Right - keras will handle that averaging when it does the mse or mae calculation.
Thanks - how many did you get doing it that way? It’s much better than the manual approach I used!
I won’t be able to train Devise on the entire imagenet because of hardware limitation. Can Jeremy (or somebody else) share the pretrained models? It seems pretty useful for a large number of applications.
Pretrained model weights
I wonder if anyone has experience deploying models? there is a thread Deploying models in production but I have not yet neeb able to get my questions answered
We do plan to release this, and other pre-trained models - might not be for a while though since I need to look at what needs to be included, and how to distribute.
Pretrained model weights
Hi, I have a few questions re the DCGAN:
- what is the meaning of mode=2 in BatchNormalization? i didn’t find it on keras docs…
- what is the meaning of upsampling?
- the results doesnt look so good, while in the papers they look better… why is that so? will more training help?
- It was said in the lecture that the difference between the standard GAN an the WGAN is small - only changing the loss function. can I do this change in the keras-DCGAN notebook and convert it to WGAN? i’ve tried to write a custom loss function like so to start with,
def custom_loss(y_true, y_pred):
y_pred = K.clip(y_pred, epsilon, 1.0-epsilon)
out = -(y_true * K.log(y_pred) + (1.0 - y_true) * K.log(1.0 - y_pred))
return K.mean(out, axis=-1)
and use it with
but it didn’t seem to work…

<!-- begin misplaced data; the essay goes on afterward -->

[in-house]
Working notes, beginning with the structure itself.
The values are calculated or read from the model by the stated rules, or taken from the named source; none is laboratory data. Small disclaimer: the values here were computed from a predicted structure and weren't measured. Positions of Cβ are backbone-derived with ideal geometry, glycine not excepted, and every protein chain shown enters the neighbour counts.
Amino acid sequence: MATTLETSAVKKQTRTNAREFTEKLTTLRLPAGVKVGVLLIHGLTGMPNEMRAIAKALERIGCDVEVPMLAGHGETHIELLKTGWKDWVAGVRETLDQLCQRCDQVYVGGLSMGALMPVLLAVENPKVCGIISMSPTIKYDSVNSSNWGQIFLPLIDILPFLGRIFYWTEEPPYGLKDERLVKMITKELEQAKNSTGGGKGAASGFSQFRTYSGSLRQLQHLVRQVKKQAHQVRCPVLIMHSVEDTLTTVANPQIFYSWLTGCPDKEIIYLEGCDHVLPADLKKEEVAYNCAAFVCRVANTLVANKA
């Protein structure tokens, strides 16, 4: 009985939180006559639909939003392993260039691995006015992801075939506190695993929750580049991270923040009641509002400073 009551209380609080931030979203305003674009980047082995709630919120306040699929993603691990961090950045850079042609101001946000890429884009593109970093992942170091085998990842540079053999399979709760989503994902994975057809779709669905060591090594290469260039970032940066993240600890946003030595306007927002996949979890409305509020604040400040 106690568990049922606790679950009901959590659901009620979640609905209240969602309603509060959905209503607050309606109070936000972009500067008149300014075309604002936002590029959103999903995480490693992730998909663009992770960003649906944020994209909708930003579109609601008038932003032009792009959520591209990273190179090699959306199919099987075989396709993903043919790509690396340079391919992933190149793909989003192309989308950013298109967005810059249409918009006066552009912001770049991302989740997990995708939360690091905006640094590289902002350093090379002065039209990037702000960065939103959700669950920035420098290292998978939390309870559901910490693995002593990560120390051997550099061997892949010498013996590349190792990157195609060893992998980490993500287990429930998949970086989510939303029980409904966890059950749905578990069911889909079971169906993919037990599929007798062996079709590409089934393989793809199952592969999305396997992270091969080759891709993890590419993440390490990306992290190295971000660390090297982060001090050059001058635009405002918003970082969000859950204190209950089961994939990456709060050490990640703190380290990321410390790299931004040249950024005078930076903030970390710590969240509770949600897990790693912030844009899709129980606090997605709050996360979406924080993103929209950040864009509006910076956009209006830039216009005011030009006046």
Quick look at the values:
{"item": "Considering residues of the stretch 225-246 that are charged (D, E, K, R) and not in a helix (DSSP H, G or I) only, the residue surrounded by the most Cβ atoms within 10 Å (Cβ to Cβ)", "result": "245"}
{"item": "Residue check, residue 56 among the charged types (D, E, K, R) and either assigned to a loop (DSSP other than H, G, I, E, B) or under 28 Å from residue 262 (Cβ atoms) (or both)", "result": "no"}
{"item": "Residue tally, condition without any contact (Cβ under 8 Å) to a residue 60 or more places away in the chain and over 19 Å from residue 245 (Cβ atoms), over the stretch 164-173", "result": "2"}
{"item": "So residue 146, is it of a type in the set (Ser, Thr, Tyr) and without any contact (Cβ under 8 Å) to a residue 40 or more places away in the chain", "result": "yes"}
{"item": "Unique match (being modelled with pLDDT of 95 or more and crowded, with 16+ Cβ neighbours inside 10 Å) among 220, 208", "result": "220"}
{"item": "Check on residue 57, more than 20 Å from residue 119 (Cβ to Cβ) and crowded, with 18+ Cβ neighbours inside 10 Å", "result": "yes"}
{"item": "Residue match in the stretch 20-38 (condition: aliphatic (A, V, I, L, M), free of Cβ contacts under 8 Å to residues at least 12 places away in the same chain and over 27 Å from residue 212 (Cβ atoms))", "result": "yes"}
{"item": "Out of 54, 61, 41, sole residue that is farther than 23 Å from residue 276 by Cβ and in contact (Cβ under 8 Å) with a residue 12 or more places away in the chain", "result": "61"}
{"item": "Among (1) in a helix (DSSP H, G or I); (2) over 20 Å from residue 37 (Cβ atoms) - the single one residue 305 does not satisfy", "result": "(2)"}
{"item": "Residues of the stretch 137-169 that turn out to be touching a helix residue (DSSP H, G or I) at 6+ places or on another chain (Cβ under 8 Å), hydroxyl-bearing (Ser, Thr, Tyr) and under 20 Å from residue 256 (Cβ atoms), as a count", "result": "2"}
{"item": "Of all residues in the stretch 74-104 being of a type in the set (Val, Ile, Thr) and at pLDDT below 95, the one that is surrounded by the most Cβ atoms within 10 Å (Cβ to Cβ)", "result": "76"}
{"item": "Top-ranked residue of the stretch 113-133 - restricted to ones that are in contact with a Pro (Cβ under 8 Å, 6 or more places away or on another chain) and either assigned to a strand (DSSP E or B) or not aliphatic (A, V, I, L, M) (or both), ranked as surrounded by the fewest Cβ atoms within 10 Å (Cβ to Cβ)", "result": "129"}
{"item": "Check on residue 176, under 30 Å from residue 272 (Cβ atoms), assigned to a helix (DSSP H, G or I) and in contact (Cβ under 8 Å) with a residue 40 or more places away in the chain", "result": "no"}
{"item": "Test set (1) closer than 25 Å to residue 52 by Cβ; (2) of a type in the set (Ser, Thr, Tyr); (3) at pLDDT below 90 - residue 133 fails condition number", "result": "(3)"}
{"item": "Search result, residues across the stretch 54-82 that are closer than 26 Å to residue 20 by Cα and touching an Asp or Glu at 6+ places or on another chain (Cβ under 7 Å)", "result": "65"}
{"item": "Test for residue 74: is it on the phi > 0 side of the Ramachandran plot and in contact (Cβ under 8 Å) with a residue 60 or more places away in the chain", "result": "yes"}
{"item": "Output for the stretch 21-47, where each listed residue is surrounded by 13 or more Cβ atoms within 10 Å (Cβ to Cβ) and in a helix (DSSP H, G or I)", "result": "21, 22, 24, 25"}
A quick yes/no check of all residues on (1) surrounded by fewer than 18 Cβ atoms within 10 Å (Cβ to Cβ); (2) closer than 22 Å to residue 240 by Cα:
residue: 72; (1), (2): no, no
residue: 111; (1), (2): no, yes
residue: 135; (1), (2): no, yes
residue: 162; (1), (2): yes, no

Is there something like model.summary() in pyTorch? I couldn’t find it on the documentation. I tried model.type, which gives you something like (see below). But I am missing the info on the shape of each output, like (None, 28, 28, 512) or similar. Any ideas?
(main): Sequential ( (initial-100.512.convt): ConvTranspose2d(100, 512, kernel_size=(4, 4), stride=(1, 1), bias=False) (initial-512.batchnorm): BatchNorm2d(512, eps=1e-05, momentum=0.1, affine=True) (initial-512.relu): ReLU (inplace) (pyramid-512.256.convt): ConvTranspose2d(512, 256, kernel_size=(4, 4), stride=(2, 2), padding=(1, 1), bias=False) (pyramid-256.batchnorm): BatchNorm2d(256, eps=1e-05, momentum=0.1, affine=True) (pyramid-256.relu): ReLU (inplace) (pyramid-256.128.convt): ConvTranspose2d(256, 128, kernel_size=(4, 4), stride=(2, 2), padding=(1, 1), bias=False) (pyramid-128.batchnorm): BatchNorm2d(128, eps=1e-05, momentum=0.1, affine=True) (pyramid-128.relu): ReLU (inplace) (pyramid-128.64.convt): ConvTranspose2d(128, 64, kernel_size=(4, 4), stride=(2, 2), padding=(1, 1), bias=False) (pyramid-64.batchnorm): BatchNorm2d(64, eps=1e-05, momentum=0.1, affine=True) (pyramid-64.relu): ReLU (inplace) (extra-0-64.64.convt): ConvTranspose2d(64, 64, kernel_size=(3, 3), stride=(1, 1), padding=(1, 1), bias=False) (extra-0-64.batchnorm): BatchNorm2d(64, eps=1e-05, momentum=0.1, affine=True) (extra-0-64.relu): ReLU (inplace) (final.64-3.convt): ConvTranspose2d(64, 3, kernel_size=(4, 4), stride=(2, 2), padding=(1, 1), bias=False) (final.3.tanh): Tanh () ) )>
mode from the BatchNormalization layer in Keras.
I found if you go
for p in model.parameters(): print(p.data);
you get a printout of the parameters (all weights, X_train and y_train) which live in the GPU. Pretty cool, pyTorch.
Still, not quite what I wanted.
Is anyone seeing 4-6x speedups after installing pillow-simd? I’m not and wondering why.
I get similar runtimes for pillow and pillow-simd–about 35 microseconds for the following code:
import PIL print (PIL.PILLOW_VERSION) #4.0.0.post0 (simd) or 4.0.0 (pillow) img = Image.open(fnames) %timeit img.resize((224,224))
Here’s how I installed pillow-simd: